Section 336 of the Protecting Americans from Tax Hikes (PATH) Act (S. 2029), which was passed as part of the recent budget deal signed into law by President Obama on December 18, 2015, contains a number of significant provisions affecting church plans, according to a Groom Law Group Benefits Brief.
The measure addresses each of the five issues in bills previously introduced to Congress by lawmakers, including controlled group rules, grandfathered defined benefit (DB) plans, automatic enrollment in church defined contribution (DC) plans, transfers between 403(b) and 401(a) plans, and investing in collective trusts.
Previously, the controlled group rules for tax-exempt employers may have required certain church-affiliated employers to be included in one controlled group (i.e., treated as a single employer), even though they have little relation to one another. Groom Law Group explains that the PATH Act adds further clarification in the form of a general rule that an organization that is otherwise eligible to participate in a church plan shall not be aggregated with another such organization and treated as a single employer with such other organization for a plan year beginning in a taxable year unless (i) one such organization provides (directly or indirectly) at least 80% of the operating funds for the other organization during the preceding taxable year of the recipient organization, and (ii) there is a degree of common management or supervision between the organizations such that the organization providing the operating funds is directly involved in the day-to-day operations of the other organization. There are two exceptions to this rule, explained in the Benefits Brief.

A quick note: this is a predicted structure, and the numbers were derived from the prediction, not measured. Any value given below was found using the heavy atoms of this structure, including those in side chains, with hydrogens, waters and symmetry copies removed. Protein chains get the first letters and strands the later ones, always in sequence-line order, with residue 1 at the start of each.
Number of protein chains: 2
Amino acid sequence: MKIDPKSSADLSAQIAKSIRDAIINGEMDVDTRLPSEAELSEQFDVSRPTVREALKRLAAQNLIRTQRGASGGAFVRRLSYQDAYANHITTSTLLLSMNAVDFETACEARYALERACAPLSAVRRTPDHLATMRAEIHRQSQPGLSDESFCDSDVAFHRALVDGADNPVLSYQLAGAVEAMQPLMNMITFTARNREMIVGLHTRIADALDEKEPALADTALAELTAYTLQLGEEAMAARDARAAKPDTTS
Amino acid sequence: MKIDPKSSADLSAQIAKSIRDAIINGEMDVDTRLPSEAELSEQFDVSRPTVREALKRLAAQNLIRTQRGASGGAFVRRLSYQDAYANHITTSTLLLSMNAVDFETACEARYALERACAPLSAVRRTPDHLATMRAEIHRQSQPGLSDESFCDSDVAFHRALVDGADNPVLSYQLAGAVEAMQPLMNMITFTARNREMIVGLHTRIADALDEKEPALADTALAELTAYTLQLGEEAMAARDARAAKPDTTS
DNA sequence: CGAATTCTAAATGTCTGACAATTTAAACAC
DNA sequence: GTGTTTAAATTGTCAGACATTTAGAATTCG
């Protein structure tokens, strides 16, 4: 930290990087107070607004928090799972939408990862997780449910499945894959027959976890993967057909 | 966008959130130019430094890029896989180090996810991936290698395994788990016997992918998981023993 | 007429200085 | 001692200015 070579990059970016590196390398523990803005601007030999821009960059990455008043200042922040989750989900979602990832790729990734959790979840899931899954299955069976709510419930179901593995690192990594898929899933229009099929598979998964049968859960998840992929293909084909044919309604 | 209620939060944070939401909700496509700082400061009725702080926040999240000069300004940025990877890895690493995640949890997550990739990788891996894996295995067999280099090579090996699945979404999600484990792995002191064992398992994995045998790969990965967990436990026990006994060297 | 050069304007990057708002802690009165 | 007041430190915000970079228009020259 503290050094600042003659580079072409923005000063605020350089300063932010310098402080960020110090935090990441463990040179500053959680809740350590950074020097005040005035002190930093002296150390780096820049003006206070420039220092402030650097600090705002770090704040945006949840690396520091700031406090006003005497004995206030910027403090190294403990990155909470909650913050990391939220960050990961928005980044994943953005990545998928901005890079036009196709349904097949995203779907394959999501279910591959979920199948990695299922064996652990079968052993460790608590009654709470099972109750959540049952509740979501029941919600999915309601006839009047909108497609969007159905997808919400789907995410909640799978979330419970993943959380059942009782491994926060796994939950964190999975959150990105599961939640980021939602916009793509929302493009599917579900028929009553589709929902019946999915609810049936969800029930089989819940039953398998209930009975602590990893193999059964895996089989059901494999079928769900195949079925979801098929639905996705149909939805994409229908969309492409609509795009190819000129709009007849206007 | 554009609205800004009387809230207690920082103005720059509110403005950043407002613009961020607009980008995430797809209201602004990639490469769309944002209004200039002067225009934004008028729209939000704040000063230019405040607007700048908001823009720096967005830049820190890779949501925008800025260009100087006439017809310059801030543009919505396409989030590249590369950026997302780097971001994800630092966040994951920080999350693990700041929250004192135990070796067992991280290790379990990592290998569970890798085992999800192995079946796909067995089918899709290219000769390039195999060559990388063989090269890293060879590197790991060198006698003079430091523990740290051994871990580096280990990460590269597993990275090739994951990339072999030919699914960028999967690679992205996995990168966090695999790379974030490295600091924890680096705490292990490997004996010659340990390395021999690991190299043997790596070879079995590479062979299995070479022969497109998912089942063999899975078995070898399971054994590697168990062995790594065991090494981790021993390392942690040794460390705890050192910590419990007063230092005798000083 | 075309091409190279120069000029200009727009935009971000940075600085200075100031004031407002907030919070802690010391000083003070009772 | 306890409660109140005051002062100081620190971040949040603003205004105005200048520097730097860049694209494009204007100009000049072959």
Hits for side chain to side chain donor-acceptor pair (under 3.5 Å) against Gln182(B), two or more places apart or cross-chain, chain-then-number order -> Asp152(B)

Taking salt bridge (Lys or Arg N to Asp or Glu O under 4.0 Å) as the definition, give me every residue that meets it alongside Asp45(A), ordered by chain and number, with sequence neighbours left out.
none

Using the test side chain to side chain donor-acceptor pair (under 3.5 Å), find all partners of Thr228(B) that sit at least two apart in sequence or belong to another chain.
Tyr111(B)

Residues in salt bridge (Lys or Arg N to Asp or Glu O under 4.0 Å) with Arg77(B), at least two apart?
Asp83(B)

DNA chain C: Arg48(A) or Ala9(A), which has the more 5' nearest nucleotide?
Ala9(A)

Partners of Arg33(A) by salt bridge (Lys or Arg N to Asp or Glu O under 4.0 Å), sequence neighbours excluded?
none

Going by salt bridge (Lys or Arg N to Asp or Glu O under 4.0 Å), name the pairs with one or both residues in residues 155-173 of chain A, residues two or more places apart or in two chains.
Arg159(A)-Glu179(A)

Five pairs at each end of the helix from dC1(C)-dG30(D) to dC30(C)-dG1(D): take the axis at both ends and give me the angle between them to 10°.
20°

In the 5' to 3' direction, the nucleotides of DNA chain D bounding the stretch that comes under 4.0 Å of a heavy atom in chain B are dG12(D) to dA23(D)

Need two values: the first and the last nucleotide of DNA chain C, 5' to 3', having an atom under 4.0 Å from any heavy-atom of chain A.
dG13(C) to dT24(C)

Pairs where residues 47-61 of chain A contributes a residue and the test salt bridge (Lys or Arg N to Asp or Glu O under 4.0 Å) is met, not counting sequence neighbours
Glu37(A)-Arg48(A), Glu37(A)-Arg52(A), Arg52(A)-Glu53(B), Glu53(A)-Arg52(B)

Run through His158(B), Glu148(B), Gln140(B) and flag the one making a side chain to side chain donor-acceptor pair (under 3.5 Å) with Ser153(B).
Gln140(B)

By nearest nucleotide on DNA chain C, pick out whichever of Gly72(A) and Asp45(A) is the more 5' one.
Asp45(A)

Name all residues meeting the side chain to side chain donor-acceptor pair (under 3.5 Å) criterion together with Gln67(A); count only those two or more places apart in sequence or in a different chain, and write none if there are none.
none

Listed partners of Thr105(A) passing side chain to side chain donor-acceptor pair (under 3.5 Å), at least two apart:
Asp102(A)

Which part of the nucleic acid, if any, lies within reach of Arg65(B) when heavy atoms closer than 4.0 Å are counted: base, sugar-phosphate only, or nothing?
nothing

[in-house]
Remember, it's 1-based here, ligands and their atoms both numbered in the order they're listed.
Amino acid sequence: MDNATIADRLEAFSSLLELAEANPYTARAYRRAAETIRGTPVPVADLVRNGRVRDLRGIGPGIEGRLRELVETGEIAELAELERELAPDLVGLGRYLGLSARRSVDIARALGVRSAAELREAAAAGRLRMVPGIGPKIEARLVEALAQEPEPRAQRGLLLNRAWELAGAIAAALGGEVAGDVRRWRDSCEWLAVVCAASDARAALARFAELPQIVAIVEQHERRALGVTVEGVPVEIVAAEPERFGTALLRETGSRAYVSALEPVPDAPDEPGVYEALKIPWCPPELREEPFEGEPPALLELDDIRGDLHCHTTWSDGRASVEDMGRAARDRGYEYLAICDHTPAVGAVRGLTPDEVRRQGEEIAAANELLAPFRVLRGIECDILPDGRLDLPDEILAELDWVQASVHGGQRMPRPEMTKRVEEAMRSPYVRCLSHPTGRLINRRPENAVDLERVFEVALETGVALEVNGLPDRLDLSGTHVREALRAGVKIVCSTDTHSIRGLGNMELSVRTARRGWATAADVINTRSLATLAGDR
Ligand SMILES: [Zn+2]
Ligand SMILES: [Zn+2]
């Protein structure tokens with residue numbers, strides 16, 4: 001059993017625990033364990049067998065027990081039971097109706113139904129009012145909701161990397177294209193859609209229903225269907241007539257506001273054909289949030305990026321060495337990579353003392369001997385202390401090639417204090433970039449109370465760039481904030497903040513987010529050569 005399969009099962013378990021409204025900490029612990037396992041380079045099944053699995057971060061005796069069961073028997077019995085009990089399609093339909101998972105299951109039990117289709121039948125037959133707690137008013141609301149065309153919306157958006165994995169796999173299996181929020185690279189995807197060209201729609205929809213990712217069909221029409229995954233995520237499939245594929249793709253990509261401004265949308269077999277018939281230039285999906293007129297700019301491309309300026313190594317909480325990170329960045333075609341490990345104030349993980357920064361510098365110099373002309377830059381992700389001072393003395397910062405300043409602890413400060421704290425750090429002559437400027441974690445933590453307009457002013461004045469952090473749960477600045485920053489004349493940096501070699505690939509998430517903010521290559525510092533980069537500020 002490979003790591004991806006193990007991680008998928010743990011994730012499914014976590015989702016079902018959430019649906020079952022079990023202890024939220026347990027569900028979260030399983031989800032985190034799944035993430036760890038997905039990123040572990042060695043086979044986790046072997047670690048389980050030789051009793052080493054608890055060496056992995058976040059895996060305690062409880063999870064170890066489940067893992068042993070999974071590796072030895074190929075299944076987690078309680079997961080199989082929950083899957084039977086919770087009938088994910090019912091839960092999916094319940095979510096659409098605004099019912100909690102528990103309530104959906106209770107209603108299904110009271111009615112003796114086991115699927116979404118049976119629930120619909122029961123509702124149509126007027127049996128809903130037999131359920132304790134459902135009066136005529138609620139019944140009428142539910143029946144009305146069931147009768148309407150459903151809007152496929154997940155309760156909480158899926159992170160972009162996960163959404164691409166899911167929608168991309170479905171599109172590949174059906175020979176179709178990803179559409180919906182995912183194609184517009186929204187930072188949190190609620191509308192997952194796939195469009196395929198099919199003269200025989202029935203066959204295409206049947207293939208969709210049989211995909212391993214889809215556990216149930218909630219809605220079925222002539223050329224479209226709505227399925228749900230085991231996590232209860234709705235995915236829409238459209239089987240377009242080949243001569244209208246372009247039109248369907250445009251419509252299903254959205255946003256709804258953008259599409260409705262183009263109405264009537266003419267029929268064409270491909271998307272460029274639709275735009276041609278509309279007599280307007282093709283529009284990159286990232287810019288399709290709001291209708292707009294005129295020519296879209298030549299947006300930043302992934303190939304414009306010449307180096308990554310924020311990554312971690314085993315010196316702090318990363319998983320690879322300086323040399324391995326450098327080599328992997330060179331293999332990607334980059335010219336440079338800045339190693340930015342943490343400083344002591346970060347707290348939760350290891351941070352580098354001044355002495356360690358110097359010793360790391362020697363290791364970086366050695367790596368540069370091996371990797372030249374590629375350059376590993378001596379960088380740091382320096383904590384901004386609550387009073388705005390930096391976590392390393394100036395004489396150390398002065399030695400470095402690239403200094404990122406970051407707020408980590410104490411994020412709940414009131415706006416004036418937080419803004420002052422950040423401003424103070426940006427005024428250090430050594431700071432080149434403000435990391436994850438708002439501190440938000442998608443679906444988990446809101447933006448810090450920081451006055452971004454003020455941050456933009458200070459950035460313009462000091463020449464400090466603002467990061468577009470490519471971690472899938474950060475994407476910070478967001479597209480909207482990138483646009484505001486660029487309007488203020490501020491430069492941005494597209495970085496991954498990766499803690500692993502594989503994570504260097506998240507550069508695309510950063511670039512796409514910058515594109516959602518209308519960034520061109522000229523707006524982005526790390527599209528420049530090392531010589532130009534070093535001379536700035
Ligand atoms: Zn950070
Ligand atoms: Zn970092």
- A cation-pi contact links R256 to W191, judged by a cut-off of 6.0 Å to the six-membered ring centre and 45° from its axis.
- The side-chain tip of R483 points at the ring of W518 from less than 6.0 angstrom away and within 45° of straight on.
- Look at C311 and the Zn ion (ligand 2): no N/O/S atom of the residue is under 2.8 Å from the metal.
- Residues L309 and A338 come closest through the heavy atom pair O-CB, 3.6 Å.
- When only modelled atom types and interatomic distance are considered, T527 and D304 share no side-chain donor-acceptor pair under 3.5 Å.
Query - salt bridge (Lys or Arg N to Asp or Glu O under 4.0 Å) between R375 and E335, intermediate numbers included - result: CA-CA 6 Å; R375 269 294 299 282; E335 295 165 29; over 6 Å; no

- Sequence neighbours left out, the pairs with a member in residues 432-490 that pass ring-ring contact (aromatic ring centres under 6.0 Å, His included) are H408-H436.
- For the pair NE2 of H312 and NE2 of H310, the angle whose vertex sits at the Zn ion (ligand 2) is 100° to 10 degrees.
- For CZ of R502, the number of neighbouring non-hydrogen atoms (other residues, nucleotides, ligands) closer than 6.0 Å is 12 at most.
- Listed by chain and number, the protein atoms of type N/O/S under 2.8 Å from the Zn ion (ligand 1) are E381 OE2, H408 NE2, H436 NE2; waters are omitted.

Groom notes that the legislative history of the act includes commentary that none of the new legislation is intended to have, or appears to have, any impact on the ongoing litigation against church-related hospitals over the church plan definition.NEXT: More new legislation for church plans
Changing the current provision of the Internal Revenue Code Section 415 regulations, the act provides that grandfathered defined benefit church retirement income accounts under section 403(b)(9) will be subject to the defined benefit limitations of code section 415(b), and not the defined contribution limitations of code section 415(c). This applies to years beginning before, on, or after the date of the enactment of the legislation.
According to Groom Law Group, a new Code section 414(z) has been added by the act which will permit tax-deferred transfers of all or a portion of the accrued benefit of a participant or beneficiary, whether or not vested, from a church plan that is a plan described in section 401(a) or an annuity contract described in section 403(b) (which includes 403(b)(7) custodial accounts and 403(b)(9) retirement income accounts) to an annuity contract described in section 403(b), if such plan and annuity contract are both maintained by the same church or convention or association of churches, and similarly from an annuity contract described in section 403(b) to a church plan that is a plan described in section 401(a), again if such plan and annuity contract are both maintained by the same church or convention or association of churches. The provision also permits a merger of a church plan that is a plan described in section 401(a), or an annuity contract described in section 403(b), with an annuity contract described in section 403(b), if such plan and annuity contract are both maintained by the same church or convention or association of churches.
The act provides availability of automatic enrollment for church DC retirement plans by preempting any state laws that may be inconsistent with including auto-enrollment features in church DC retirement plans.Finally, the act has added a provision that church plan investment boards may invest assets in a group trust described in Internal Revenue Service Revenue Ruling 81–100 (often called “collective trusts”), without adversely affecting the tax status of the group trust, the plan, account, investment board organization, or any other plan or trust that invests in the group trust. This provision applies to investments made after the date of enactment of the new legislation.
« In-Plan Income Still Intimidates Plan Sponsors